Nr 80 • Aprill 2010

In Memoriam: Lech Kaczyński

He was a figure from another age. Weekend guests at Lech Kaczyński’s presidential retreat on Poland’s Baltic coast usually found the conversation turning to Gdansk opposition politics of the 1970s.

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Lithuania: New Brooms, Old Problems

“Politicians and History”, Raimundas Lopata’s latest book on political leadership in Lithuania, gives the reader a rare opportunity to compare what two of the most influential Lithuanian politicians think about their country. The most interesting topic to the journalists who covered this book was that Algirdas Brazauskas, a former communist and leading figure in Soviet times is, paradoxically, much more religious, and religiously conservative, than Vytautas Landsbergis, a leader of the Lithuanian independence movement, whose relationship with religion is more sophisticated and more politically motivated.

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Public Attitudes towards Changes in the Armed Forces of Lithuania

The gradual reduction of the mass army and the need to change to a professional army, encouraged by radical changes in the international security environment and Lithuania’s membership of NATO, have become a considerable challenge to the national defence authorities. The structural shift in international relations around the world implied that, all of a sudden, the enemy was gone, leading to expectations concerning a new peaceful world order. But not in the Lithuanian case.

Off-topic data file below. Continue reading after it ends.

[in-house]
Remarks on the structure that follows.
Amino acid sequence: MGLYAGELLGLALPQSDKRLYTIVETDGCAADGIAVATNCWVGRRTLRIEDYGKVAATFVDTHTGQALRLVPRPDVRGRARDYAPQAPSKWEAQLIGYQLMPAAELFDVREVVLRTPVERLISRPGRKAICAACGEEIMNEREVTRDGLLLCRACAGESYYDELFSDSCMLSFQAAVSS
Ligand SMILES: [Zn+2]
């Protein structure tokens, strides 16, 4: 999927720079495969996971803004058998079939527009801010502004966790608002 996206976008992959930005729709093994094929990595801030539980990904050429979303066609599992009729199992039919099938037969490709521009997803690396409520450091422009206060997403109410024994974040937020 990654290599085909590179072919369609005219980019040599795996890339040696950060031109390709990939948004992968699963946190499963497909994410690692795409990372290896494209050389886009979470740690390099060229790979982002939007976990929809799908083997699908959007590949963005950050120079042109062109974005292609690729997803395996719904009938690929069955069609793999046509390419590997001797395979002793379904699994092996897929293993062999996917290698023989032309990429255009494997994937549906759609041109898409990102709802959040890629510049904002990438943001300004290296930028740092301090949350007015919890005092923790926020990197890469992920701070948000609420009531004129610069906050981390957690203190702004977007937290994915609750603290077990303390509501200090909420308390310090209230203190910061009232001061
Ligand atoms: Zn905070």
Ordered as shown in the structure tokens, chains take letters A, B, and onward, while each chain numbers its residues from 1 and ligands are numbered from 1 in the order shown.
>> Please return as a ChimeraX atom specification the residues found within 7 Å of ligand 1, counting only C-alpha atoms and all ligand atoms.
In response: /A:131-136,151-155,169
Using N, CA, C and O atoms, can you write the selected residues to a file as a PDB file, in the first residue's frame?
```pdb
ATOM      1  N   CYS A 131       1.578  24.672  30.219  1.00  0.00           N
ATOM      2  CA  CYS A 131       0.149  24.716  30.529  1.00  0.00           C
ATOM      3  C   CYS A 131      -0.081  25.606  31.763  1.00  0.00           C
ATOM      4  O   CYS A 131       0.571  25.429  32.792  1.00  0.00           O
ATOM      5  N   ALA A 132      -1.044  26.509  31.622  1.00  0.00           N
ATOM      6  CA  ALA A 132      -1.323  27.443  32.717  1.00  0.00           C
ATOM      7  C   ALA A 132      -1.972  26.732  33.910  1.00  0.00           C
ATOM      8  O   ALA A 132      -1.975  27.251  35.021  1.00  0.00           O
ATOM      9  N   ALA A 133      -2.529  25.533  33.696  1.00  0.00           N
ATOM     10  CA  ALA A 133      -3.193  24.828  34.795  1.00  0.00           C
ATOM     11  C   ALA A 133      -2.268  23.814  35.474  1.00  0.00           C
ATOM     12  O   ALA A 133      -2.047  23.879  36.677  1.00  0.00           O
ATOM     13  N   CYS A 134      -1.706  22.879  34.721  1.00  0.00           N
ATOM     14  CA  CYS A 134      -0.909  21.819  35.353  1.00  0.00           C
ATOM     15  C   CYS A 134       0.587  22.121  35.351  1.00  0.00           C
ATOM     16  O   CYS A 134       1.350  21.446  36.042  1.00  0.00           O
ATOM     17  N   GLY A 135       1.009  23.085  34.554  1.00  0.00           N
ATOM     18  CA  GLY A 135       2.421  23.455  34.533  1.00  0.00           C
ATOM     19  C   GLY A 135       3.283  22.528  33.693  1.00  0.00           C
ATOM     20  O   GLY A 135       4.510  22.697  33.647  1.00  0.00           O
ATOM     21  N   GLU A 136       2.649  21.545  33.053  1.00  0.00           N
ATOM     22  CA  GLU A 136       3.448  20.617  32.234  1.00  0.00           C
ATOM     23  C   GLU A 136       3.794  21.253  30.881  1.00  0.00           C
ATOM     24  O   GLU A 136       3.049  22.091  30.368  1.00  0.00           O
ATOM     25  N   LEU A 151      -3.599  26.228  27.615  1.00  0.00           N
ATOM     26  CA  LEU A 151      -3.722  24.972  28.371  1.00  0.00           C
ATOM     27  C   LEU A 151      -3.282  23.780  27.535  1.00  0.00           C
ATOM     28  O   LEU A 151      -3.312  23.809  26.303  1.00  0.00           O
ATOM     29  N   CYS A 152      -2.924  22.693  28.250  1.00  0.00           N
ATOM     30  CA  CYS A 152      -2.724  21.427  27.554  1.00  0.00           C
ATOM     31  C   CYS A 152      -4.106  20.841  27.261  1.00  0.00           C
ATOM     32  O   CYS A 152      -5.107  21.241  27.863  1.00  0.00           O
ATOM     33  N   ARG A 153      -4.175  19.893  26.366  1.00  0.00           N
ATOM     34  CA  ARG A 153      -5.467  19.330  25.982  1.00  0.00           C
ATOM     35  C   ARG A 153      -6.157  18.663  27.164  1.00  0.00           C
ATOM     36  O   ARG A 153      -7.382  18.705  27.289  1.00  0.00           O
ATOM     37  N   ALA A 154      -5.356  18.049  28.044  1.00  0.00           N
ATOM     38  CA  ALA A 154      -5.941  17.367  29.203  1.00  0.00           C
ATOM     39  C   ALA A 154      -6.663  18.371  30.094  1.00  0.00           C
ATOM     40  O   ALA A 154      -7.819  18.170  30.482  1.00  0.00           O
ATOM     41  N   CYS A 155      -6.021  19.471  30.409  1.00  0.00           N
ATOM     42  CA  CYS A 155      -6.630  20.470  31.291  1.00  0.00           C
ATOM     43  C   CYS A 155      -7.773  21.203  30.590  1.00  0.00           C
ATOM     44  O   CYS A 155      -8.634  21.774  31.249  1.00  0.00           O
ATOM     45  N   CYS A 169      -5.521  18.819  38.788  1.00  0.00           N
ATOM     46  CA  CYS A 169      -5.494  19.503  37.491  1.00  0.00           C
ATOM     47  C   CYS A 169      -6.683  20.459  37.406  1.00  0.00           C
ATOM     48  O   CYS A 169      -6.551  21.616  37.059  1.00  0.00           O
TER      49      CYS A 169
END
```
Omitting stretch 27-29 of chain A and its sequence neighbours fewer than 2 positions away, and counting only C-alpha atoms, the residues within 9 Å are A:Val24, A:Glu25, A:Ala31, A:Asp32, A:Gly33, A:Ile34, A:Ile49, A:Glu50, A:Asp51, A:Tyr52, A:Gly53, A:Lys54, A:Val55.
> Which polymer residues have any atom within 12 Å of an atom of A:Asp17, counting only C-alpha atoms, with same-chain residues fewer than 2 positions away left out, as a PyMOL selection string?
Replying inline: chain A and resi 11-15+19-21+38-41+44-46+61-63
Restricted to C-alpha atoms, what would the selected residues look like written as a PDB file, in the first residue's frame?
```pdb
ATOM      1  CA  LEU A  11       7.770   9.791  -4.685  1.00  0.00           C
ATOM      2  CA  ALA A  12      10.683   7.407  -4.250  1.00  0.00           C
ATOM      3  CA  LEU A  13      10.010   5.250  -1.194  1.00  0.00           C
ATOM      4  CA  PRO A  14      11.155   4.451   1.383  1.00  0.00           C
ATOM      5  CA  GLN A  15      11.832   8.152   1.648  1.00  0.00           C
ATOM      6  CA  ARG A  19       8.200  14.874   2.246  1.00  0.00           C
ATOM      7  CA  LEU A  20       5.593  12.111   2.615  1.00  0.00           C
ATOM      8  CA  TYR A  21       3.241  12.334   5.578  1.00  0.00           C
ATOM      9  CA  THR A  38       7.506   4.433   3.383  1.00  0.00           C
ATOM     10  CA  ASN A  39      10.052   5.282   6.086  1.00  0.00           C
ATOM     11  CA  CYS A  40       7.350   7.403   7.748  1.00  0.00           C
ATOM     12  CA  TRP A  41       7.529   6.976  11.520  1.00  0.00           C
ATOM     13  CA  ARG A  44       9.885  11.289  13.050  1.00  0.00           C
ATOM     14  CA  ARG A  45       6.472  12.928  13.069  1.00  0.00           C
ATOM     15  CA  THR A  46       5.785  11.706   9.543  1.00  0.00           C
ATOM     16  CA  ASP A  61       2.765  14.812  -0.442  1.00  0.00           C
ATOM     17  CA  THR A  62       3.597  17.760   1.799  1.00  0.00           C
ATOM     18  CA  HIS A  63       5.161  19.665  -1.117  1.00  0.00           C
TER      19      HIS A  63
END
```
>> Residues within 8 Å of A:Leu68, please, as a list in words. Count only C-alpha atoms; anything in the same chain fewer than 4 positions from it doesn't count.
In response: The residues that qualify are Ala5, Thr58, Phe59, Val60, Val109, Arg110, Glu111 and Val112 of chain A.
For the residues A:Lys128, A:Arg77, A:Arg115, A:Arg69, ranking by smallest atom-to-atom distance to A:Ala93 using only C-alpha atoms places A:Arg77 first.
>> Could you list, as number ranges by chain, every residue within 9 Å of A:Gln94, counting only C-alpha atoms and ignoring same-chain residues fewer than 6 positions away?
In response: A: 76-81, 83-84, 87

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Nord Stream: Estonia’s Lost Battle

It must have come as a most unpleasant surprise to Estonia’s decision-makers. On November 5, 2009, both Sweden and Finland announced that they would grant permission to Nord Stream, a Russian-German-Dutch company, to construct a similarly named gas pipeline across the bed of the Baltic Sea.

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Has Lithuanian Foreign Policy Become Personalised?

Transatlantic integration has become one of the geopolitical hallmarks in the eastern part of northern Europe. The twin enlargement of the EU and NATO in 2004 opened new opportunities for Lithuanian foreign policy making which had until then been based on two pillars – the country’s Euro-Atlantic integration and constructive relations with its neighbours. Arguably, membership has not solved all of Lithuania’s security – let alone economic – problems, especially in the light of the current financial crisis.

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Latvia’s Foreign Policy – Living Through Hard Times

When the Latvian Ministry of Foreign Affairs returned late in 2007 to its newly renovated premises, which had been home to Latvia’s foreign service in the interwar period, one could hardly imagine that in three years Latvia’s diplomatic activities and foreign policy in general would be seriously impaired by a severe economic recession.

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English summary

April’s issue of Diplomaatia concerns Latvia and Lithuania. In the opening article, Latvian political scientist Toms Rostoks, discusses the influence of the economic downturn on Latvia’s foreign policy. “Foreign policy has been hit particularly hard during the economic downturn, and the Latvian Ministry of Foreign Affairs is one of the ministries that has been most affected.

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